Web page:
Alanna Mode, Sean’s PhotographyWhen some people think of cosplayers—the enthusiastic fans of comics, movies, and TV shows who show up at conventions decked out in incredibly detailed recreations of their favorite characters’ looks—they tend to think of nerdy white guys in haphazardly put together ensembles. As anyone who’s ever spent any time at a large…

via #28DaysOfBlackCosplay is the intersection of Black History Month, nerdiness, and high fashion — Fusion

Weekly Dance Break: Safe (Dumbfoundead)

This video has been out for a minute, but since the issues it addresses have no end in sight (thanks, Hollywood!), I thought it’d be appropriate to remind everyone that it exists, and that it’s great. Dumbfoundead talks whitewashing, media stereotypes, and more while editing himself into some of the most iconic white movie roles of all time.

Green Tea (Awkwafina x Margaret Cho) and AsAm Bad Girls

Awkwafina encourages young Asian women to “to embrace their quirkiness, their sexuality, their inner-child and their creativity with passion,” something I had trouble with until recently.

By Belinda Cai

About a week ago, my dream girls/dream team Awkwafina and Margaret Cho released the anthem Asian women never knew they needed — a song and accompanying music video, “Green Tea.” It’s aptly timed, dropped on the last day of May, which was Asian American and Pacific Islander Heritage Month.

The song pokes fun at Asian stereotypes in a brazen, NSFW way that’s so true to the zany rapper/comedian duo, encouraging young women (and particularly Asian ones) “to embrace their quirkiness, their sexuality, their inner-child and their creativity with passion,” according to Awkwafina.

This is evidenced with lyrics that go, “Yellow bitches in the driver’s seat… We got that bomb pussy/ That Long Duk Dong pussy/ Make you call your mom pussy/ Get a pair of TOMS pussy/ Got that Soon Yi pussy/ Be all you want to be pussy.”

There’s a lot of satire throughout the video, with traditional Asian garb, mock “Asian-sales lady” accents, Japanese horror movie references and so on; all the while, Awkwafina and Margaret show off their nontraditional sides, smoking pot, flashing tattoos and being generally “unladylike,” singing about pussies.

This brought me back to Awkwafina’s song “Marijuana” from her album Yellow Ranger, with the lyrics: “I’m sorry mama, that I am not a doctor/ That I rap about the vag and I smoke marijuana juana.”

Oh, and here’s that classic song all about vags/my livelihood:

My sister Lisa asked me, a while back, why I think we turned out the way we did. While not trying to reinforce stereotypes, she explained that it seems we were always a bit different than our Asian-American peers — more “alternative,” (as reluctant as she was to use that word, she couldn’t think of another one) in our appearance and career choices. We never quite fit in.

We’re both in creative fields, her as a graphic designer and artist, and me as a journalist and writer. While our parents are mostly supportive and encouraging, there have been many times when they’ve expressed doubt. Deep down, they still wish we’d found paths with more financial security and prestige — you know, the doctors, lawyers, engineers route.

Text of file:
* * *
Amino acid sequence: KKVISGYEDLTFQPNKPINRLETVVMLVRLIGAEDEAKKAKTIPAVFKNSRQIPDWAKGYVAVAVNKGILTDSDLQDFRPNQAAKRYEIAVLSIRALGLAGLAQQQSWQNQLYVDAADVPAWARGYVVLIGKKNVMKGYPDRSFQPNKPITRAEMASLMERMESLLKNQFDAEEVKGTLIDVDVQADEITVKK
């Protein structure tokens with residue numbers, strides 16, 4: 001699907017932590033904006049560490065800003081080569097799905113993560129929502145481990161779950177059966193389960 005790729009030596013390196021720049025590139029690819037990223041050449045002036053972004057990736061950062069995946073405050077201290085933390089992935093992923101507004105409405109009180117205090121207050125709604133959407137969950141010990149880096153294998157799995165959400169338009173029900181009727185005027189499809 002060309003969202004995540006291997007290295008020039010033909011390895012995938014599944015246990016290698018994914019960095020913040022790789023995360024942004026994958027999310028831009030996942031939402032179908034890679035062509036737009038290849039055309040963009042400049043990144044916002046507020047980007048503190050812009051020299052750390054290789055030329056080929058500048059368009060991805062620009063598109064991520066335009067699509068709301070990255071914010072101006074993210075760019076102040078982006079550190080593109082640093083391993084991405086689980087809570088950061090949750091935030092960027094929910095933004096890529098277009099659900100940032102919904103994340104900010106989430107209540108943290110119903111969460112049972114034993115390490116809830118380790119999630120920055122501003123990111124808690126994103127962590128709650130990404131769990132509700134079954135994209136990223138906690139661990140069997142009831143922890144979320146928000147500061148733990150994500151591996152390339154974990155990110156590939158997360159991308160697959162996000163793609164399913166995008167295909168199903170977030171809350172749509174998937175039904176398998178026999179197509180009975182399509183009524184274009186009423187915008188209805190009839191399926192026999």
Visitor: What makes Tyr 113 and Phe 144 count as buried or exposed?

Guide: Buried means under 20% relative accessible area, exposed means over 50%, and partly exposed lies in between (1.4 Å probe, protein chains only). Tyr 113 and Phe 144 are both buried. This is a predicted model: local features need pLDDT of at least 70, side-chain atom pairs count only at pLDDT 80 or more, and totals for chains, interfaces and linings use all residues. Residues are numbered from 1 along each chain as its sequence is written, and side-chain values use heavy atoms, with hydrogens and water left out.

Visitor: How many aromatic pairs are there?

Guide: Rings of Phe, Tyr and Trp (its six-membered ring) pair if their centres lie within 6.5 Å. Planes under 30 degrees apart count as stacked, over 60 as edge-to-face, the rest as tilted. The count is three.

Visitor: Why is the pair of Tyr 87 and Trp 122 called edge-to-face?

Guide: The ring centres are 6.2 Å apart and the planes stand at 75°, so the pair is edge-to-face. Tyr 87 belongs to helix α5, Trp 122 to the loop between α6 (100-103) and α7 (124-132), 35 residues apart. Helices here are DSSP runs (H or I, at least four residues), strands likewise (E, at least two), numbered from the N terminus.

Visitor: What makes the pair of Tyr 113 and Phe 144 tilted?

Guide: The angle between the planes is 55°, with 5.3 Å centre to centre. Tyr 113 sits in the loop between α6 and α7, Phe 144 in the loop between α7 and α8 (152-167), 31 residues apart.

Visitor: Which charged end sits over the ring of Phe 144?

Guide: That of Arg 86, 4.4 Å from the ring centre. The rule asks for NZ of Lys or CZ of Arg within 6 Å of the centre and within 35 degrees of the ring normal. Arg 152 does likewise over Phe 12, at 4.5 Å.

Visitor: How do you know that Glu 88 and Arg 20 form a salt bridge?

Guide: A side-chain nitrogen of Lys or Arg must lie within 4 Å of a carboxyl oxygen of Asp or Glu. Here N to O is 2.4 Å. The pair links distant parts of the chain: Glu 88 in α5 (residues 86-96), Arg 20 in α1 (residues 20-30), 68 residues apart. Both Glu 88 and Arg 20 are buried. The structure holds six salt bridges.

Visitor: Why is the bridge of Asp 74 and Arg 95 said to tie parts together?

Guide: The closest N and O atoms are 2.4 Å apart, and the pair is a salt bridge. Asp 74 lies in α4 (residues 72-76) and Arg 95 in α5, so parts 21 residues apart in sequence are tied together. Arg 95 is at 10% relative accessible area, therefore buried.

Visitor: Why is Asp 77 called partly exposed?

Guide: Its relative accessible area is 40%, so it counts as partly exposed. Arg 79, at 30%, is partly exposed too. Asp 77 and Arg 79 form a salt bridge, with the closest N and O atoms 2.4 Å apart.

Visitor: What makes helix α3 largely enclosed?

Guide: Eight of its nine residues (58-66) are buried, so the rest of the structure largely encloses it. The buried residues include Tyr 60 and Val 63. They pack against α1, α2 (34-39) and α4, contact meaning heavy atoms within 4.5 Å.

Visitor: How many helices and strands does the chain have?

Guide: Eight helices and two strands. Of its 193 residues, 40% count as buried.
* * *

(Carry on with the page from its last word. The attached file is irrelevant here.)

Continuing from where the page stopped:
Whenever my mom knows I’ll be around other Asian families, she reminds me to remove my septum ring and hide my tattoos. And I’m not nearly as covered as Lisa, who is working on completing full sleeves and has some kind of permanent art on almost every body part. After watching “Green Tea,” Lisa exclaimed how much she loved that Margaret was “tatted up” from head to toe. That’s something that she doesn’t see often with Asian-American women in the media.

Not only are obvious stereotypes, like the China Doll and Dragon Lady, a problem, but never seeing Asian-American women like us made me feel like there was something wrong with us — that our appearances and life choices, even, were abnormalities when it came to the world of Asian-American women. That we couldn’t live up to some golden standard. This only means that we need more Asians (all kinds!!!! every kind!!!!) in the media encouraging all of us to just be us.

It’s certainly harmful to perpetuate the model minority stereotype, and we discussed how we in no way believe that it applies to most Asians. Of course there are hundreds of thousands of other Asians similar to us and far more “alternative,” but it’s just not something we saw a lot growing up, whether it came to our peers or on TV. The Asian women we saw in the media (which was rare to begin with) were generally doctors or Tiger Moms, all with clean, “presentable” images.

Every time I listen to an Awkwafina song or watch Margaret’s standup, I’m reminded that a. traditional Asian-American stereotypes suck and these ladies are working hard to debunk them and b. I shouldn’t be ashamed of the fact that my parents may perceive my sister and I to be “different” than other Asian kids and c. these are some boss ass bitches and I want to be more like them.

“What Are You?”: Let’s Talk About Asian-American Encounters